I was taken for a ride in an ultralight aeroplane one day and had my Phase One camera with me at the time. I don’t like heights, my fingers were frozen from the cold and the only way to get a good shot was to hang out the side with my camera parallel to the ground. It was dangerous and terrifying but on that day my limited edition art collection began.
Art is more than capturing a moment be it with a camera, a paintbrush or a pencil. It’s about seeing, anticipating and activating the artists chosen medium at the right time for the right moment with feeling, consideration and thought. I realised back then that my work was more than just capturing a light on a sensor.
How have you developed as an artist?
Since I left school in 1989, I have travelled the outback and trained my eye unknowingly and without a camera. This was followed by 15 years as a photographer studying light, composition and shooting with these considerations at the forefront of my thoughts.
For years I thought of myself as a photographer and never as an artist but after my lightbulb moment, so to speak, in the ultralight aeroplane I transitioned into developing my aerial digi-art. Life experience, great friends, great advice and a willingness to learn and push the boundaries has also led me to enter the second phase of my photography career as an artist.
My artwork, Explosion, best highlights my growth as an artist as well as capturing geographical and personal explosion. This piece bursts with colour, and I love colour. Colour makes me feel happy, full of life and expression and sometimes I need a piece that explodes life and colour, just like the water exploding out on the floodplains.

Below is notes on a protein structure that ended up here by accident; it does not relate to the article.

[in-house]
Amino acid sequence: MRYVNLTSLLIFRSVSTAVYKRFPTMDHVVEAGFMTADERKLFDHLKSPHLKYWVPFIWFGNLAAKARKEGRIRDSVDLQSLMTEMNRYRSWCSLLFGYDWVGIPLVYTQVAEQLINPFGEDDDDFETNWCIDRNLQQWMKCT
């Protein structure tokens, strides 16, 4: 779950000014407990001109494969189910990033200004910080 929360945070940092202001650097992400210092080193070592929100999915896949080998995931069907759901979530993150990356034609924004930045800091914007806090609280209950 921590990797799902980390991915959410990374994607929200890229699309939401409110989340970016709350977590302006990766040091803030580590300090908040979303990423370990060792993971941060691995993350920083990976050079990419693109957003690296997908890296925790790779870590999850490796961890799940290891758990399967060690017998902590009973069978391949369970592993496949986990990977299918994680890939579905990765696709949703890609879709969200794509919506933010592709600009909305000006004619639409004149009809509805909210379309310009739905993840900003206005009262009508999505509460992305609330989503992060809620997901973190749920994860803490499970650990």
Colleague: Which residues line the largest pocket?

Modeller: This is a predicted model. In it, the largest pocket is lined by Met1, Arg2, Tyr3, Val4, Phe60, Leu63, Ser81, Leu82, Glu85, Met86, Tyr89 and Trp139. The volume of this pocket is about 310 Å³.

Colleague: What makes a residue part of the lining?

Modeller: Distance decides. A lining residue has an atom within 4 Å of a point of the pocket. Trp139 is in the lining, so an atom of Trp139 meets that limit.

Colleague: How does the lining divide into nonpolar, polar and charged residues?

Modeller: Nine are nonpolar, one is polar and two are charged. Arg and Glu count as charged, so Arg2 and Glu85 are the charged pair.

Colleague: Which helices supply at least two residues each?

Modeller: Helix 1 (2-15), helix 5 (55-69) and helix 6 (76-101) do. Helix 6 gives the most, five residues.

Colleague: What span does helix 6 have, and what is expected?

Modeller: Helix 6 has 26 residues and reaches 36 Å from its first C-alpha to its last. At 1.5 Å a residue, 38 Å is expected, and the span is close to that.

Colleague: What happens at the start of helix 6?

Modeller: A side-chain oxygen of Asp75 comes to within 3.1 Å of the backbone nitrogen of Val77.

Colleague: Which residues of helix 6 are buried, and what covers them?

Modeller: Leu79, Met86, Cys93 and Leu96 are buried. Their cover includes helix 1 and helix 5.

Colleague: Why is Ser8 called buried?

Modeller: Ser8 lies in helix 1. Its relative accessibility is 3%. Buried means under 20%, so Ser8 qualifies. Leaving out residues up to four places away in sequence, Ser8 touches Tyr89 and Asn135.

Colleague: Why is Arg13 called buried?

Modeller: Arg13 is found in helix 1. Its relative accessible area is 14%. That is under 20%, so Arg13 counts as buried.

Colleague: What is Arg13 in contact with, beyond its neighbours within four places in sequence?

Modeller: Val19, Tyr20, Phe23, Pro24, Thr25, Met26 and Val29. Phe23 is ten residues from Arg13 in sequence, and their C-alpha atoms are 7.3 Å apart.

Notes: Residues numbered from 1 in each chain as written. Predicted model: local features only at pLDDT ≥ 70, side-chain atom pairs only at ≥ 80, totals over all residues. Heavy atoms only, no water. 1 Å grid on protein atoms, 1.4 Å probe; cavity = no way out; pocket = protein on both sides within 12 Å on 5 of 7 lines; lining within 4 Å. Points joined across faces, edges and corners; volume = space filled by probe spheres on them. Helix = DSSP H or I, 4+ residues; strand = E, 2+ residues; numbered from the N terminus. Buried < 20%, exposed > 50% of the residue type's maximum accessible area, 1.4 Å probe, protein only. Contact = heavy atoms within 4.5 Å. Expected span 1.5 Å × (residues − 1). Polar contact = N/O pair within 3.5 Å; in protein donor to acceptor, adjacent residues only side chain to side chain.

Personally I created this piece as a fitting end to 2018 because it was a great year and 2019 so far has been even better. For the people who know me, my head is always full of ideas and thoughts as well as a new found passion for what I am doing as an artist. Live life with passion and vigour and go hard at everything you do is my motto. That’s me and this explosion of colour is me.
What opportunities has being part of Tropical Light given you?
I used to be a bloke who just ran around the bush with no shoes and covered in mud. So to have the opportunity to further my work as an artist and play with the idea of abstract aerials in an exhibition in the city has been such an honour. I've also managed to collaborate with other local creatives in Darwin - Lulu and Daw and Maltida Alegria - for the Tropical Light volunteer uniform and have branded Tropical Light umbrellas and fans with my landscape art.
What advice would you give to aspiring artists?
Stop and enjoy the moment. It is easy to have your breath taken away by the raw power of Darwin’s wet season but the real beauty is when you stop and use all your senses to understand and then reflect those emotions in your work. How do you portray the smell of rain cooling a floodplain, the blinding flash of a lightning bolt or the colours of a brilliant stormy sunset? You have to stop and look at the detail nature puts into the amazing vistas that explode before you.